Byko: Iraqi refugees safe in America, but fearful

Omar looks to the future through the window of his Wynnewood apartment

Even in the bosom of their beloved adopted country, the Muslim married couple feel a finger of fear.

Not for themselves. Neither Omar nor Samara has experienced bigotry -- not in San Diego, where they first landed; nor in University City, where they moved  so Samara could attend Penn;  nor in Wynnewood, where they now live.

Their fear is for their families left behind in the Middle East. They worry that what they say might somehow endanger their relatives. That fear seems excessive, but I have never lived in a nation first ruled by a murderous despot and then thrown into sectarian violence with neighbor killing neighbor. So I am withholding their last name. I photographed Omar in silhouette, while Samara, a petite woman who wears a head scarf, declined even that. Each has a degree in dentistry from the University of Baghdad. 

As we talked in their living room, birds chirped outside the windows of their two-bedroom apartment, unlike the bombs bursting outside their Baghdad window.

Civil war was unleashed after the takedown of Saddam Hussein and the U.S. takeover of Iraq in 2003.  “The situation started going down, year by year,” says Omar, a stocky man of 35. In 2006, the year they married, Omar and Samara, 33, fled their native Baghdad for the northern city of Erbil, a regional capital of the Kurds.

They were safe from war there and did dentistry at governmental clinics.

“The salary just barely paid the bills,” says Omar, “and there was discrimination because you were an Arab, not Kurdish.” There was burdensome bureaucracy and they suffered verbal abuse from some of their Kurdish patients. It was humiliating.

The road to a fulfilling future was closed to them in their native land, so in 2009 they left for Jordan. They knew Jordan would be a stop, not a destination.

They applied for refugee status with the United Nations, listing the United States as their preferred refuge, and were helped by Omar's having an aunt in San Diego. She would be their sponsor.   

“We were lucky. We got approval to come to the United States in a year and eight months,” says Omar. Other people wait for years; many never get a green light.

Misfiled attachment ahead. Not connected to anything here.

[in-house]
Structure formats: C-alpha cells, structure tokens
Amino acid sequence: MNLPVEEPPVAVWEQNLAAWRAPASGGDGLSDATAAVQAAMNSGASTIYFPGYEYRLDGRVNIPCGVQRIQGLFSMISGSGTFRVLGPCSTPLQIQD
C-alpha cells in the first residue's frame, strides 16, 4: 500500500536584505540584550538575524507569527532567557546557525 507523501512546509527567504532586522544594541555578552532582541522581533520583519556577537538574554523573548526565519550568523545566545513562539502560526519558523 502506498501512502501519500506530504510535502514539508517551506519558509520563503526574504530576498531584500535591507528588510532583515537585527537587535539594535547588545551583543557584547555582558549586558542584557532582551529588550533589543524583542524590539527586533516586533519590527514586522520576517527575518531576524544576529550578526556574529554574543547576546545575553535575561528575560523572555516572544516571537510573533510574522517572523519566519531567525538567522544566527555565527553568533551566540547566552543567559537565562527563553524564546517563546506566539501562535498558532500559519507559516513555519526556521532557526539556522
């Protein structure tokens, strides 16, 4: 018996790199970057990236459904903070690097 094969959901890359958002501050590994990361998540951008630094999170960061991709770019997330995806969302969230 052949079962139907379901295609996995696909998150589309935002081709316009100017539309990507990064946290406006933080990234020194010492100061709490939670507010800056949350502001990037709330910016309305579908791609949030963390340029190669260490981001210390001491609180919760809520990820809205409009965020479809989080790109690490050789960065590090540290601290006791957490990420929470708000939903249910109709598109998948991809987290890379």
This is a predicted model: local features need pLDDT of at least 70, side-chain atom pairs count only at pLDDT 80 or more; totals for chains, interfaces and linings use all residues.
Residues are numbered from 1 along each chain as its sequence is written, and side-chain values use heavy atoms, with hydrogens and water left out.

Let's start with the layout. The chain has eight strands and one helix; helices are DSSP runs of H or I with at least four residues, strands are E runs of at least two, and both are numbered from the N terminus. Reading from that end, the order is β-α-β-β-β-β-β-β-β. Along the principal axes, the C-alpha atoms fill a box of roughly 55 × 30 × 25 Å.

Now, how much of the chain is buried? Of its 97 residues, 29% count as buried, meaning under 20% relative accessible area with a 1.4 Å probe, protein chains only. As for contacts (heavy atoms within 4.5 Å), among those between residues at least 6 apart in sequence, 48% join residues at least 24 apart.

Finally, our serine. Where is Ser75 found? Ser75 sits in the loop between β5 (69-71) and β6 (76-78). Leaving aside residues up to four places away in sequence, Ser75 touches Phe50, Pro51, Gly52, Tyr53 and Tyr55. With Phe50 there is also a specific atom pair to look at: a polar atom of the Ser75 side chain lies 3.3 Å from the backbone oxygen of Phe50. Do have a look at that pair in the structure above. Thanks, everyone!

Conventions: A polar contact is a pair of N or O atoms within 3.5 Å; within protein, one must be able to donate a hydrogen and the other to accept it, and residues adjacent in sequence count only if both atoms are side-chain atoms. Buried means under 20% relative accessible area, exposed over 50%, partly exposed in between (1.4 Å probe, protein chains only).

They were subjected to deep interviews  four times, starting with the U.N., and ending with one by U.S. officials. They could prove their identities, their education, and the basis for their fear of being returned to Iraq.

While waiting in Jordan, their son was born. He is now 8, in a Lower Merion elementary school, and wants to be a paleontologist. His sister is 1, born an American. After Omar and Samara arrived, they immediately filed for naturalization, and they are now an all-American family. 

“I’m proud to be an American,” says Samara. “We are in America and we teach our son to be a good American. The Prophet teaches you to be loyal to the country you are in, but we still pray for Iraq,” she says wistfully. 

They are educated people, and  Omar says, “We tell our son to study hard, to get good grades, to get into a good school.”

Education, however, is part of his only complaint about his new life in America.

A dentist in Iraq, he is a dental assistant here. To get a license to practice here, he must return to school for at least two years, basically repeating what he mastered in Baghdad.

He has taken and passed two board exams to demonstrate knowledge of dentistry. What is blocking him from college admission, he tells me, is not scoring high enough  on something called TOEFL. An online test, TOEFL measures reading, writing, speaking and listening.

I'm astonished because in my conversations with him, his grammar and vocabulary are near-perfect and he has only a slight accent.

More baffling is that Samara -- also an excellent English speaker -- with a slightly lower TOEFL score than Omar, was accepted to Penn, and has regained her dentistry license. 

Re-taking the test is expensive, as is applying to Penn and Temple. Frustrated, Omar says he'll relocate to attend a university that will accept him.

While he is in limbo, Omar is placed through a temp agency, where he works for several dentists each week as an assistant.

One is Center City endodontist Barry Rhome, who says Omar "is very earnest, he loves learning" and is an asset. 

In the years before they arrived, Omar had to learn patience, which he uses now. He and Samara are working to get their parents here. If they succeed, that should put an end to their fear.